David Charron, president and CEO of Rockville-based multiple-listing service MRIS, writes an occasional column about the Washington-area real estate market.
The District’s real estate market is poised to continue its upward trajectory this spring.
It’s still a strong sellers’ market with inventory falling short of demand. However, more buyers have greater purchasing power and interest rates are still strongly in their favor.
Here’s a closer look at what we’ll likely see in three hot neighborhoods in D.C. this spring:
[Editor’s note: For more analysis of the local real estate market, check out the Real Estate section’s Spring Home Guide on March 14, 21 and 28 and online sites Where We Live and washingtonpost.com/realestate during those weeks.]
Capitol Hill remains one of the most popular places to buy a home. Northern Capitol Hill (Zip code 20003) continues to see an increase in the number of properties coming on the market. This neighborhood’s median selling price has also increased, reaching a peak of $710,000 last July.
The pattern of sales prices in Capitol Hill South (Zip code 20002) is another sign of growth in the city. Typically, we see sales prices decrease at the end of each year during the seasonal slowdown. But this is surely a bright spot where prices maintained an upward trajectory. This demonstrates the strong demand for homes in this area.
Watch for more properties to go to market this year in the Howard University/Shaw neighborhood. Shaw has had an increased presence on the real estate radar over the past few years. There was a surge in listings last fall, which is a sign of bigger things to come.
We already know the demand is there because in January, a month not known for much activity anywhere in the city, the median days a house was on the market was just 12. This is less than half of the five-year average of 27. Median sales prices were $579,900, well above the five-year average of $514,740.
Columbia Heights/Mount Pleasant
Last year, we cited Columbia Heights/Mount Pleasant as one of the hottest neighborhoods for condos and townhouses. However, the upward trend in inventory it experienced during 2013 and into 2014 has softened.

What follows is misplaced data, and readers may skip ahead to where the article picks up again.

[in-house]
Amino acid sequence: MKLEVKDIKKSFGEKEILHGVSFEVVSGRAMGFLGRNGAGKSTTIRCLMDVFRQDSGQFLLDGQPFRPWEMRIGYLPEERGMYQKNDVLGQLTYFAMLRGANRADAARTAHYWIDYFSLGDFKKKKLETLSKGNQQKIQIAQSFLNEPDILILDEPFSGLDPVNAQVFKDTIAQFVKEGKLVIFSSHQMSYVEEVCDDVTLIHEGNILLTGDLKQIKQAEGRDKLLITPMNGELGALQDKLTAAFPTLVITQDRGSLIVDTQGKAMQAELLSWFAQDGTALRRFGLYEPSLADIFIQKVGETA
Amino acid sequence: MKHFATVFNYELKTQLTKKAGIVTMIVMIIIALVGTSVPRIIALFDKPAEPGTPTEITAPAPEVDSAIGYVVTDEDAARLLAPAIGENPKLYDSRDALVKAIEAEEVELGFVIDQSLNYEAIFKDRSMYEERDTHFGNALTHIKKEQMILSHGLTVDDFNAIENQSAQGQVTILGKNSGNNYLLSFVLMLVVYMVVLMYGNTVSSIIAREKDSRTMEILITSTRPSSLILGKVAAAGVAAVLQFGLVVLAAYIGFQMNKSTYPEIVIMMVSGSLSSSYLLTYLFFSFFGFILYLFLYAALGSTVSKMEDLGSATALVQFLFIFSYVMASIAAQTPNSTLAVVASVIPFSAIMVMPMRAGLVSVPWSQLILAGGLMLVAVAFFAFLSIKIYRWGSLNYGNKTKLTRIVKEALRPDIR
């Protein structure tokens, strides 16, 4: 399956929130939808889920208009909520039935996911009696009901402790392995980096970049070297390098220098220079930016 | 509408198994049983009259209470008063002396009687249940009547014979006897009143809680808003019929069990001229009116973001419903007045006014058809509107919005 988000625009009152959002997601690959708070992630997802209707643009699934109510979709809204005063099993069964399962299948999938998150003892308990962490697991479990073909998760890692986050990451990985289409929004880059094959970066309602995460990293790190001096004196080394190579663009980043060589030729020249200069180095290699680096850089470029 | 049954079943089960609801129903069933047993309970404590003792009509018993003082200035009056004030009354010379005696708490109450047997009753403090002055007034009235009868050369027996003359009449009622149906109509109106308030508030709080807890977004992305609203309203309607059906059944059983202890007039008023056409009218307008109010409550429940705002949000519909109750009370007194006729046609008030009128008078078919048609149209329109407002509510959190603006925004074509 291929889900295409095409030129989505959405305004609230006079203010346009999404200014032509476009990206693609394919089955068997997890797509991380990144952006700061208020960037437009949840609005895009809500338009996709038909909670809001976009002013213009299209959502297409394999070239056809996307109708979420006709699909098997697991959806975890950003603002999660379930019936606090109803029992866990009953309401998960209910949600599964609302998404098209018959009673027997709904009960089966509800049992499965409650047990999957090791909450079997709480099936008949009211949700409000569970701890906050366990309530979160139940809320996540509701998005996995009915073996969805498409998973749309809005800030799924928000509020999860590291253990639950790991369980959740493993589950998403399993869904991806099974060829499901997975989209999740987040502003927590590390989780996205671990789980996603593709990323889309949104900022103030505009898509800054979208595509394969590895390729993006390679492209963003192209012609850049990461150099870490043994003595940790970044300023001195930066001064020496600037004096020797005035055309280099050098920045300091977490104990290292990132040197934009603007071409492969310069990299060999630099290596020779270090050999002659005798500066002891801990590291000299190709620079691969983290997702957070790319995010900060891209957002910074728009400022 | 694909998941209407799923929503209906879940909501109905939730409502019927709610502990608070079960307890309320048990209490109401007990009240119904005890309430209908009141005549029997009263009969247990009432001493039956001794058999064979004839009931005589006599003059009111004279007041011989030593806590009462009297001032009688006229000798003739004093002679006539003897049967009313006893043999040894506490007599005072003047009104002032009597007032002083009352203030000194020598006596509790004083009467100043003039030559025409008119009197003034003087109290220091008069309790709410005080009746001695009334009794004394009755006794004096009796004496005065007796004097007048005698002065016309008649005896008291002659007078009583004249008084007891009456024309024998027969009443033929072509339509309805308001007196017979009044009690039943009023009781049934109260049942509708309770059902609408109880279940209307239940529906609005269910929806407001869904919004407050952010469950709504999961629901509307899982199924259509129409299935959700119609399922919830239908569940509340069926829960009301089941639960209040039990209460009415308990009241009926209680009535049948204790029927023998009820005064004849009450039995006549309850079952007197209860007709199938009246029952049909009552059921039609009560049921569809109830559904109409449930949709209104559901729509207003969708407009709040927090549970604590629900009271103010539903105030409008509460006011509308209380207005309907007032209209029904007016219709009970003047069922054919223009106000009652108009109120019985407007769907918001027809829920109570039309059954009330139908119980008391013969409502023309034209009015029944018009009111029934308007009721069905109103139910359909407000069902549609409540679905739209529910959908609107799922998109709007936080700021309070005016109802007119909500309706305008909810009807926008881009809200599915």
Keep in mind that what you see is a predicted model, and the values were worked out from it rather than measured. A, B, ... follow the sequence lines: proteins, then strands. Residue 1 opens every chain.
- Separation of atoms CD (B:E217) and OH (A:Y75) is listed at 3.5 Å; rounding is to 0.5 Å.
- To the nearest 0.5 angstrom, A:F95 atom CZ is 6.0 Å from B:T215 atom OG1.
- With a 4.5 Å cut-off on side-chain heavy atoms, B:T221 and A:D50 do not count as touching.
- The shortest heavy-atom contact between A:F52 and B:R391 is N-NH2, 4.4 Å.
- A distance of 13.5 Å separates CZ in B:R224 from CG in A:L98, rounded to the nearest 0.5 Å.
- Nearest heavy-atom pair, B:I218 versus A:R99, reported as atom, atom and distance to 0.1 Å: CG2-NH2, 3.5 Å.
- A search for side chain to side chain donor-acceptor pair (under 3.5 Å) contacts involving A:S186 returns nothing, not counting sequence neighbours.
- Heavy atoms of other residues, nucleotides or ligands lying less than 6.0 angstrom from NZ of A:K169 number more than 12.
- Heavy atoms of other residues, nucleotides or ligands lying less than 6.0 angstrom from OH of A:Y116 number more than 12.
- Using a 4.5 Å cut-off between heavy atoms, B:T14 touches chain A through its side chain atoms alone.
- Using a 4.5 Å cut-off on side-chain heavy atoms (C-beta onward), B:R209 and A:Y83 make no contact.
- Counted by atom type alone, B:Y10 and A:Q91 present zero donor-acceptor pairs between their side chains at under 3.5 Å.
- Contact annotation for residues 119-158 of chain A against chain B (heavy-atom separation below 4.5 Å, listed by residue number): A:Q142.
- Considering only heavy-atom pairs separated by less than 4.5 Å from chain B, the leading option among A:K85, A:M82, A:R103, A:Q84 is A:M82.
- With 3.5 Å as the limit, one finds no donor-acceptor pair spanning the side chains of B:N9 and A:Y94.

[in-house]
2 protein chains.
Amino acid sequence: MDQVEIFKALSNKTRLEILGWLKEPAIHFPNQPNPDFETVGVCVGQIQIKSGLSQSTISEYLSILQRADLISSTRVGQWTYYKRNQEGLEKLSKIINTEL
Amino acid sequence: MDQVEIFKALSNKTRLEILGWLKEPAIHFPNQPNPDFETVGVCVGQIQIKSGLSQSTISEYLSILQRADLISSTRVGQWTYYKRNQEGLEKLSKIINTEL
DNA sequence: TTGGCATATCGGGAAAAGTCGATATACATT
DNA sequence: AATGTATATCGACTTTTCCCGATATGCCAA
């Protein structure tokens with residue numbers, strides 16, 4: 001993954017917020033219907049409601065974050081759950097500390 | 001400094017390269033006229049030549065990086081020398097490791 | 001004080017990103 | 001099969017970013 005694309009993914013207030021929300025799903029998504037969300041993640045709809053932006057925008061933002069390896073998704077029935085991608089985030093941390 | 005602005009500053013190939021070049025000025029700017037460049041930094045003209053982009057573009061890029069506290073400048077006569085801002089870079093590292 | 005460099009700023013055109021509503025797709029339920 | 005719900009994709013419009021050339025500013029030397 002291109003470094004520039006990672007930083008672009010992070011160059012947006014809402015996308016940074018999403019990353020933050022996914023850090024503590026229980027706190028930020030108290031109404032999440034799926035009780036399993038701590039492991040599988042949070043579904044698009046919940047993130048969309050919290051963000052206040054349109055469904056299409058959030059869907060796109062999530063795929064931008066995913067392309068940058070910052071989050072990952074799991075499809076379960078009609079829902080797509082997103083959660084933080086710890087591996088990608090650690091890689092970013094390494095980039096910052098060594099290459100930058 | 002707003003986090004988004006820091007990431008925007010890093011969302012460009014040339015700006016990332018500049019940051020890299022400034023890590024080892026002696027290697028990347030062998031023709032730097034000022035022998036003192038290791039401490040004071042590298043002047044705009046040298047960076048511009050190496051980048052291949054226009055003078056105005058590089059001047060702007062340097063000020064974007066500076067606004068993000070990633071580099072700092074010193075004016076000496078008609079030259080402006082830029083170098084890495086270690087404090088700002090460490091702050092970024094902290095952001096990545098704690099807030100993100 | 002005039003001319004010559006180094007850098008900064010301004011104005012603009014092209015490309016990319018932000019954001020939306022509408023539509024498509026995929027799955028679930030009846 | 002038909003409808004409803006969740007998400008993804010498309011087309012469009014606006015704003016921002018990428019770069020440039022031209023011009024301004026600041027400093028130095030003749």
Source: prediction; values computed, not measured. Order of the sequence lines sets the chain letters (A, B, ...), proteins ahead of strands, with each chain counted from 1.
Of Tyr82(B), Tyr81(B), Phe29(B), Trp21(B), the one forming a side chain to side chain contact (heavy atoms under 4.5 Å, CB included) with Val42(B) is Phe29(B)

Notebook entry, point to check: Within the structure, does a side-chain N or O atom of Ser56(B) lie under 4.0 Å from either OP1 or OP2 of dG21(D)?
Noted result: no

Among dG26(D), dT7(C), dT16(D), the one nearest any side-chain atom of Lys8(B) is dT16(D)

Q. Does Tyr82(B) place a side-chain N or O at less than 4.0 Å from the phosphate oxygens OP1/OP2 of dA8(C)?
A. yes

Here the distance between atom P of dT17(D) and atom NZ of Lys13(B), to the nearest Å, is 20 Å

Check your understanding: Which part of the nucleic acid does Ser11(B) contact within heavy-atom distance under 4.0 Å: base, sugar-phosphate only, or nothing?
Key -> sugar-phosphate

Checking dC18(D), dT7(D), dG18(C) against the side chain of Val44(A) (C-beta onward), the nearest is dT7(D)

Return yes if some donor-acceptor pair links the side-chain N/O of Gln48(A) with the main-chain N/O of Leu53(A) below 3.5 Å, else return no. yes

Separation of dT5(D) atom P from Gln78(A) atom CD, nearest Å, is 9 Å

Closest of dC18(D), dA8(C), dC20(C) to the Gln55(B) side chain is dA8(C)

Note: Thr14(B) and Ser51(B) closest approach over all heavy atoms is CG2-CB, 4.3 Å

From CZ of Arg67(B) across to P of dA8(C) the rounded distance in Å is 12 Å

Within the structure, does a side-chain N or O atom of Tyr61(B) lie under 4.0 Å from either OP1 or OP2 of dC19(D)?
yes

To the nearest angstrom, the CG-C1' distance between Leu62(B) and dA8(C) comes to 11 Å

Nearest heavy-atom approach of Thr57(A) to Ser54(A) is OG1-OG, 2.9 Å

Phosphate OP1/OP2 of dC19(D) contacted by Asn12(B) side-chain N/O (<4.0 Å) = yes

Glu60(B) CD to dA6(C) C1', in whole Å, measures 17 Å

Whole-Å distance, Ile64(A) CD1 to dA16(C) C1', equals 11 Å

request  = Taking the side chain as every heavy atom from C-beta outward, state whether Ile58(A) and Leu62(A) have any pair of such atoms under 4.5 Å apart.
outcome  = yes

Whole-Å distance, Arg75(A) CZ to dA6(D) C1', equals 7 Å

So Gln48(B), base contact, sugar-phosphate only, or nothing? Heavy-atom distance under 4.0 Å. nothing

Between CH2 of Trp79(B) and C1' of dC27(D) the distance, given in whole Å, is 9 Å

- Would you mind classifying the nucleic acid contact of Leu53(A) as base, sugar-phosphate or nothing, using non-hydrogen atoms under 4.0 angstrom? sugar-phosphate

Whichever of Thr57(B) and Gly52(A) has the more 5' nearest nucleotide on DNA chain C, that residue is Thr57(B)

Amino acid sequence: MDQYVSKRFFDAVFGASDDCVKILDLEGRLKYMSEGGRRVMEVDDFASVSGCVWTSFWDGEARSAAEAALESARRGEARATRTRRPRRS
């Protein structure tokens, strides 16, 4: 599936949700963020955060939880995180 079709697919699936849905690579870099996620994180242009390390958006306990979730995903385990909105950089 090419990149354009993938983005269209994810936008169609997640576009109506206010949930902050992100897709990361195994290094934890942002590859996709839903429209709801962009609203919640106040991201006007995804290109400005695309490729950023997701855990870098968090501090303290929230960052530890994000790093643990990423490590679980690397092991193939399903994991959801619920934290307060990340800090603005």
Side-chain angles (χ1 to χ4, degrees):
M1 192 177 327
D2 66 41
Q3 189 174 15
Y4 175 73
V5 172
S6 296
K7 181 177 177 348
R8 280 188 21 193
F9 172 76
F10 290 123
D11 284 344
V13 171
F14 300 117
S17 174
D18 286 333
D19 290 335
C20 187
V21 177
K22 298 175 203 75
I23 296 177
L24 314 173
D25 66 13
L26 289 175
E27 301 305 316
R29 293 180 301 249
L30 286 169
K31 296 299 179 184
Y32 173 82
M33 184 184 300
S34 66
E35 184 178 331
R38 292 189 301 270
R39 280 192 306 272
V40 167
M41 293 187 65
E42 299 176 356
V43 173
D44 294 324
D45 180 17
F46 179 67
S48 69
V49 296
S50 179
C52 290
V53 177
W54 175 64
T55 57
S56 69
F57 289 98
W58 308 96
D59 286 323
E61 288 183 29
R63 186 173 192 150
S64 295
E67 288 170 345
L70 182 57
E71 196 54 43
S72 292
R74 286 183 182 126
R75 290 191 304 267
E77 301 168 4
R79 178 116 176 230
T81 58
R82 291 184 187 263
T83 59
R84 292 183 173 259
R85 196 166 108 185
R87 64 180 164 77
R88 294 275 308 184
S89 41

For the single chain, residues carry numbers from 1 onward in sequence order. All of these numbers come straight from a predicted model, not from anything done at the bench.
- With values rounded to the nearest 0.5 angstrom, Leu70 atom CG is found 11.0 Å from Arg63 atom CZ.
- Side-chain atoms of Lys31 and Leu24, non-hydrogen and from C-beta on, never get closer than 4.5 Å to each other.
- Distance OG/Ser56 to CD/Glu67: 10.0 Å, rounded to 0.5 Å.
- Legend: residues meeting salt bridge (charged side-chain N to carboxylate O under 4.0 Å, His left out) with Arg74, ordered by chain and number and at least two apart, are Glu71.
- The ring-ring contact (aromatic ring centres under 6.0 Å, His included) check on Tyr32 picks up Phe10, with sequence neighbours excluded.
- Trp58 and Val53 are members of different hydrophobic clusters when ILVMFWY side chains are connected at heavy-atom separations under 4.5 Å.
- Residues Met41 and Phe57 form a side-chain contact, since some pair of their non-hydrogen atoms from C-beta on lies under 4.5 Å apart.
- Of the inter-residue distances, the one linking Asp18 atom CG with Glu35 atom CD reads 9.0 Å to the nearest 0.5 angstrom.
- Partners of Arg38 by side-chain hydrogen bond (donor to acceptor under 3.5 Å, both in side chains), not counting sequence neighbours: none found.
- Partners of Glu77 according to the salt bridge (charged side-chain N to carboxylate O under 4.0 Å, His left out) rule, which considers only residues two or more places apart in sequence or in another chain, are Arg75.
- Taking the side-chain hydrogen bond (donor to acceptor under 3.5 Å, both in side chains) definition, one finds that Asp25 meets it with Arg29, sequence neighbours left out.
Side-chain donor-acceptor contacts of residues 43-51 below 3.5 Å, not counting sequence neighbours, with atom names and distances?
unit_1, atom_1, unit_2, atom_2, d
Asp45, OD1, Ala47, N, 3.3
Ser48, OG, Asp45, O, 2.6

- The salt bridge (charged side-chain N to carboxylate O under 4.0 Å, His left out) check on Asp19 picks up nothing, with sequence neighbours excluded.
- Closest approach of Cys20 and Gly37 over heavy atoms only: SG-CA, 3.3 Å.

But that does not mean it isn’t still a coveted place to buy a home. Price trends since 2012 have increased tremendously. During 2012, median sale prices were in the $400,000s. They reached the high $500,000s during 2014. They even nudged over $600,000 for two months last year.
So demand is still there, but the inventory isn’t. Typically, this means any growth will come in the form of higher sales prices. However, since Columbia Heights has such high density and appeals to younger buyers who may have a hard time buying in this price range, it is possible that there will be a slight slowdown in activity compared to what Columbia Heights has seen the past two years.
Besides geography related changes in growth, we’re also seeing a shift in the types of housing that comprises the District’s inventory. The first few years of this decade were characterized by condos and co-ops. Townhouses are now making bigger strides in market share.
In January, the number of townhouses for sale in Columbia Heights/Mount Pleasant was almost double the number in January 2014. We haven’t seen this trend for a few years.
The resurgence of townhouse listings is most likely caused by a mix of factors. High-price sellers have greater confidence that they’ll make a profit if they sell now. Moreover, developers who see the market trends shifting are returning to rehabbing row houses as single-family homes rather than turning them into multi-unit condos.
While homes in mid-range prices in the most popular neighborhoods are still the most competitive part of our local market, things have certainly improved dramatically compared to a few years ago. The uptick of activity has increased almost everywhere in the city, but a few places have shown significant enough changes that they are worth paying closer attention to this real estate season.
For a rise in inventory, keep your eye on Columbia Heights/Mount Pleasant. For a rise in prices, watch the Shaw area. And stay tuned to Capitol Hill for increases in both price and inventory. No matter which of these becomes the hottest neighborhood for 2015, the city as a whole is going to have a good year.
Previously from David Charron: